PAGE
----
BELLES LETTRES. In the way of imaginative prose literature, apart from fiction, there is, for 1899, nothing to report. The periodical press now-a-days absorbs the energies of those whose gifts lie in this direction, and even critical essays are seldom given to the world for the first time in book form. The only volumes which come under this head, therefore, consist of reprinted and collected articles. Of these there have been a good many of interest, but only two which, from the standing of their writers and their own interest, demand a mention. One is Mr. Austin Dobson's A Paladin of Philanthropy and Other Papers (Chatto & Windus), containing essays ranging over a large variety of subjects, full of eighteenth century lore, conveyed in the writer's elegant and scholarly style. The subject of the essay which gives the book its title is the General Oglethorpe who founded Georgia, and who figures in Boswell's “Johnson.” The other collection is Mr. Frederic Harrison's Tennyson, Ruskin, Mill and Other Literary Estimates (Macmillan). Our description of this book as a volume of reprinted papers must have one important qualification, for it contains an original study of Tennyson which had not previously been published, and in which Mr. Harrison challenged discussion on the subject of Tennyson's martial and patriotic verse. In this he contends that the late Laureate often produced “not poetry but journalism."
The library of literary histories which the past few years have produced has received more additions. There has recently been much effort to kindle public interest in the old literature of Ireland. As a result of this movement, we have Dr. Douglas Hyde's A Literary History of Ireland (Unwin). The author does not include in his survey the later Anglo-Irish writers who have added so many distinguished names to the record of English literature. Apart from them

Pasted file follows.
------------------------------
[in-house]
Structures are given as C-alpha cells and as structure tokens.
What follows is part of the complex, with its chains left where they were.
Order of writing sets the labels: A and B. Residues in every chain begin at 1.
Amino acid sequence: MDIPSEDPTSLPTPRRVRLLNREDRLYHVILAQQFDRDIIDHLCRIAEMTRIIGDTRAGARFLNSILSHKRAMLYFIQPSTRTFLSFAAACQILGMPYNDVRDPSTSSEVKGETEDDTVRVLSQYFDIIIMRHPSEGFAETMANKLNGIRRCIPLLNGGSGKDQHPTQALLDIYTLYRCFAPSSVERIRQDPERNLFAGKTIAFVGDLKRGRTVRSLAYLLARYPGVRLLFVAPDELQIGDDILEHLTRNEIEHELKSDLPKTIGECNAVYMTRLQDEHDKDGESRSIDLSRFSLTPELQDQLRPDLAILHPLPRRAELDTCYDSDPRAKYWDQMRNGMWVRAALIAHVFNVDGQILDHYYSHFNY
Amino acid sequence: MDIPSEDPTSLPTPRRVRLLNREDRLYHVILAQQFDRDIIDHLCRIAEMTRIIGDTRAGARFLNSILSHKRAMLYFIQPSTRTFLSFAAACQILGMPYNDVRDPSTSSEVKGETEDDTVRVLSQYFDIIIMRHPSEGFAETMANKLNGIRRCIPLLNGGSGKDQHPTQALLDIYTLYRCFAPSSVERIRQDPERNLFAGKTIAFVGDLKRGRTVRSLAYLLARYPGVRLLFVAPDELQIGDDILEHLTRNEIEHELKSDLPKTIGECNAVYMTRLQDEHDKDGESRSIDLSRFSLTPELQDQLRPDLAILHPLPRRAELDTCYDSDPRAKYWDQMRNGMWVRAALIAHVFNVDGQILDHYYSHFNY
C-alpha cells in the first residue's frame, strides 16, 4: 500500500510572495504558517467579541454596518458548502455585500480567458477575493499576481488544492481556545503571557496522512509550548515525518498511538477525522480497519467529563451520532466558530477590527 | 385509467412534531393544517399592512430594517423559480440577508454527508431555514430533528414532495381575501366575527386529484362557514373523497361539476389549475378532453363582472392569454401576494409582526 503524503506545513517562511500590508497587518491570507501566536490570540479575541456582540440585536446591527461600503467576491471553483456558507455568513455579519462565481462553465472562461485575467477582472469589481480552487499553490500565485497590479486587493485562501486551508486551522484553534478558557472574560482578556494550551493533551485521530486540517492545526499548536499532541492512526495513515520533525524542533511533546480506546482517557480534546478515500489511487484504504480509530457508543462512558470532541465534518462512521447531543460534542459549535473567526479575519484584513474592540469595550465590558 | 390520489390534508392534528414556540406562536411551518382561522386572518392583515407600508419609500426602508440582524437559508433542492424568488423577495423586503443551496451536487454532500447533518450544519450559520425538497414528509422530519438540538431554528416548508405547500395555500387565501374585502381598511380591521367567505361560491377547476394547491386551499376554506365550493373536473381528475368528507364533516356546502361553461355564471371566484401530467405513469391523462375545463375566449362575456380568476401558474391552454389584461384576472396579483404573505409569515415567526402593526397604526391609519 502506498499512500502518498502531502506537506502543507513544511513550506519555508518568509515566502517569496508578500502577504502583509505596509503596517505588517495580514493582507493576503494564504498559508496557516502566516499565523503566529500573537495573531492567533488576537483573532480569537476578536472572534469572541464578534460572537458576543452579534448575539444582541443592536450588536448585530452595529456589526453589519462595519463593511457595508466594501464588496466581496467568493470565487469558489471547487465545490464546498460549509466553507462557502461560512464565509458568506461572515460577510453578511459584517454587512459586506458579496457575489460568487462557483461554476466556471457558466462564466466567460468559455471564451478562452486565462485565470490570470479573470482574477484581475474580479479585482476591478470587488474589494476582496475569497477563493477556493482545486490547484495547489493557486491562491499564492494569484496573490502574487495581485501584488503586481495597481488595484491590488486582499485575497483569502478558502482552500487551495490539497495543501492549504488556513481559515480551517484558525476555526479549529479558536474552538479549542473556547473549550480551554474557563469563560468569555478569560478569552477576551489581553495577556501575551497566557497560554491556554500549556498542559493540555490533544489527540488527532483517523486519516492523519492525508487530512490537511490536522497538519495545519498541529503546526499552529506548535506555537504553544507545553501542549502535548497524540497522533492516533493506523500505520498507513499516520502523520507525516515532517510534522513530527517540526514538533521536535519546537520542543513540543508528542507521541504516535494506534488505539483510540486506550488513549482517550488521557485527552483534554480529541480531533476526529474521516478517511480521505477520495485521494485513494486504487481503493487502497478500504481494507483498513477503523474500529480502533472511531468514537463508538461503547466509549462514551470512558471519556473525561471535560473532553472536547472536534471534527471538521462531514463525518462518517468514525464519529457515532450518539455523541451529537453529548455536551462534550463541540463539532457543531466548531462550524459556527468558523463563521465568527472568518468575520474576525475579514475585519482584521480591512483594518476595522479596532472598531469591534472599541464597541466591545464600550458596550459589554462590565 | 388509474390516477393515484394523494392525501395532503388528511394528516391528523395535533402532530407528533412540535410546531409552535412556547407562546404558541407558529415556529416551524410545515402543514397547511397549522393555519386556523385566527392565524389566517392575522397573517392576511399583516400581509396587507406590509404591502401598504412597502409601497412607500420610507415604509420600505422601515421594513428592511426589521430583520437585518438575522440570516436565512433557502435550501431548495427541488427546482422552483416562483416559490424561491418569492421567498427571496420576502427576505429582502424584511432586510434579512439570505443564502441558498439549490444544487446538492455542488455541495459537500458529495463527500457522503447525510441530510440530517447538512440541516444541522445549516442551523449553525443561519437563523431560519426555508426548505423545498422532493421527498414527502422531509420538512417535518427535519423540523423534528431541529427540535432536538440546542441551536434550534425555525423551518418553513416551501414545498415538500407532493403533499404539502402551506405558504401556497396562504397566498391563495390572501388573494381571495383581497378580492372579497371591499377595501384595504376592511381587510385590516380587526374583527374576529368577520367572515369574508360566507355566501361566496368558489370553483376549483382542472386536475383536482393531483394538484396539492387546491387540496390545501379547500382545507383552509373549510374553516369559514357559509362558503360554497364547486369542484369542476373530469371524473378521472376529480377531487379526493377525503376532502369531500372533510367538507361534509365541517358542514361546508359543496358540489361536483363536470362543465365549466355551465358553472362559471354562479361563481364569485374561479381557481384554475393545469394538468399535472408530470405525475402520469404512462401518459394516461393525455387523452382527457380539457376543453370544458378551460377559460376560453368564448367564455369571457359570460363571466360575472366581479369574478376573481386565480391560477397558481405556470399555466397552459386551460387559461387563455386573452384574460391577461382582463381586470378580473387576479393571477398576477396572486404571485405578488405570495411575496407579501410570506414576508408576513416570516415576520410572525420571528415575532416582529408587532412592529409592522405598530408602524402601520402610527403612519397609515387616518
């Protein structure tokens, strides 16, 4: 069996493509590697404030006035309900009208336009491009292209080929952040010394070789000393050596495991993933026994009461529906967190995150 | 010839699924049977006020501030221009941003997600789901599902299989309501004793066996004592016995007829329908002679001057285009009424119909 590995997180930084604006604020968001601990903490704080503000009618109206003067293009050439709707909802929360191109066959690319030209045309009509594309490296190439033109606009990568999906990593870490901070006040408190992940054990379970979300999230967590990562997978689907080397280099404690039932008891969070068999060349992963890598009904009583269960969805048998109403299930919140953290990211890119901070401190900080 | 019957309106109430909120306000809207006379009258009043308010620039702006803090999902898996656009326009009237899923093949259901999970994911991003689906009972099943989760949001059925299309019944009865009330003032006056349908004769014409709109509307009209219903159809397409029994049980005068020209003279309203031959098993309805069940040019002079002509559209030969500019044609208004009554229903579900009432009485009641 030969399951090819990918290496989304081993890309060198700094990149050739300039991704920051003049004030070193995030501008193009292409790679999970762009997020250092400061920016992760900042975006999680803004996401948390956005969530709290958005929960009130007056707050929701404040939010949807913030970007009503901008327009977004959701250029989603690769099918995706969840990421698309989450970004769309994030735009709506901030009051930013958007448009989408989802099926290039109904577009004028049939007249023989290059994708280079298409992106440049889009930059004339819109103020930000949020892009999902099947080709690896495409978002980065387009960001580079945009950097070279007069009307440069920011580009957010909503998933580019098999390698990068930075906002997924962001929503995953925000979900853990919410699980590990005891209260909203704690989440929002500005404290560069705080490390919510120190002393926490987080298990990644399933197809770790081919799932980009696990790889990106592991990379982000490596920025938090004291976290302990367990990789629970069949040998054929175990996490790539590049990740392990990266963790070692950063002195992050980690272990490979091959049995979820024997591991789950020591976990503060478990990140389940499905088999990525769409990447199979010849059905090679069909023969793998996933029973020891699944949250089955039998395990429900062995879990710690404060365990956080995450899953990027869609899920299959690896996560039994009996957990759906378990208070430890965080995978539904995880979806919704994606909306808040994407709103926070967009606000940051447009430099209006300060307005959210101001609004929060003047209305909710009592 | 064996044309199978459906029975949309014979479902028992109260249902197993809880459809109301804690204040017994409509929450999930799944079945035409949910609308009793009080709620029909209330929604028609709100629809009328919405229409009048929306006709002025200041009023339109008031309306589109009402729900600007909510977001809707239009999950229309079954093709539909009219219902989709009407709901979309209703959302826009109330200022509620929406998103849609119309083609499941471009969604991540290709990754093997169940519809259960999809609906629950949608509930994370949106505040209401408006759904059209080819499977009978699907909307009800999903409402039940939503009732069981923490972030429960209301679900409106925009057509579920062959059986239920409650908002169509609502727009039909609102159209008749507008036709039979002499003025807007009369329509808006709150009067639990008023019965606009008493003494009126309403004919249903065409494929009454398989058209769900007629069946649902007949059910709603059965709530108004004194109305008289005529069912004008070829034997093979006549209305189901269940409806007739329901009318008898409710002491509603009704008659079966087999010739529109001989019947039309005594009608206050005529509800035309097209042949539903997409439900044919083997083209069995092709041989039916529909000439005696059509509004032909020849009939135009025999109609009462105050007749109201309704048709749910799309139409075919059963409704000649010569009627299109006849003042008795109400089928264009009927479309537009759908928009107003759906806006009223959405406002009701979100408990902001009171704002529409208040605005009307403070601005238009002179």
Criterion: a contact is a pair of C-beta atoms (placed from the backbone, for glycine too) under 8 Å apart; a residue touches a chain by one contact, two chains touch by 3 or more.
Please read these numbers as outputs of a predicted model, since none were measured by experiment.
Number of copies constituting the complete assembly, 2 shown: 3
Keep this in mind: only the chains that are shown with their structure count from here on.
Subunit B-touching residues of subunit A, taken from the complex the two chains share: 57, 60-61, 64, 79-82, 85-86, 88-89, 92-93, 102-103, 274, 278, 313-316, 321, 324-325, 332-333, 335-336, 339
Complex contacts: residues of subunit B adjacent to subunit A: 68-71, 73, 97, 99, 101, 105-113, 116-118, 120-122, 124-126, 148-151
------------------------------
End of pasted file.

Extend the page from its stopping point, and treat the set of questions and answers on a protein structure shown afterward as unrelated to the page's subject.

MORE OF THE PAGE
many English readers no doubt hardly realised that there was enough material for such a history as this. Dr. Hyde's study of the old Irish literature is therefore not only valuable to Celtic scholars but reveals a new world of study to many other literary students. Work of a similar kind among literatures little known or entirely ignored has been done in the series of “Short Histories of the Literatures of the World" (Heine. mann) by Mr. W. G. Aston in his excellent book, A History of Japanese Literature, and in a not quite so complete History of Bohemian Literature, by Count Lützow. Two books have been added to the series of “Periods of European Literature” (Blackwood)-The Fourteenth Century, by F. J. Snell, and The Augustan Ages, by Oliver Elton, both works of merit, but suffering somewhat from the rather mechanical delimitation imposed by the conditions of the series. A special aspect of the development of English literature is ably dealt with by Mr. H. A. Beers in A History of English Romanticism in the Eighteenth Century (Kegan Paul).
The issue of two important reprints has now been finished. The great edition of The Diary of Samuel Pepys (G. Bell), which Mr. Henry Wheatley began many years ago, has been completed with a ninth volume containing an index, and a tenth containing “Supplementary Pepysiana”; and The Biographical Edition of Thackeray (Smith, Elder), edited by his daughter Mrs. Richmond Ritchie, has also been completed; while an edition of the Brontë novels, which is to be on a somewhat similar plan—the editors being Mrs. Humphry Ward and Mr. C. K. Shorter-has been begun under the title of The Haworth Brontë (Smith, Elder).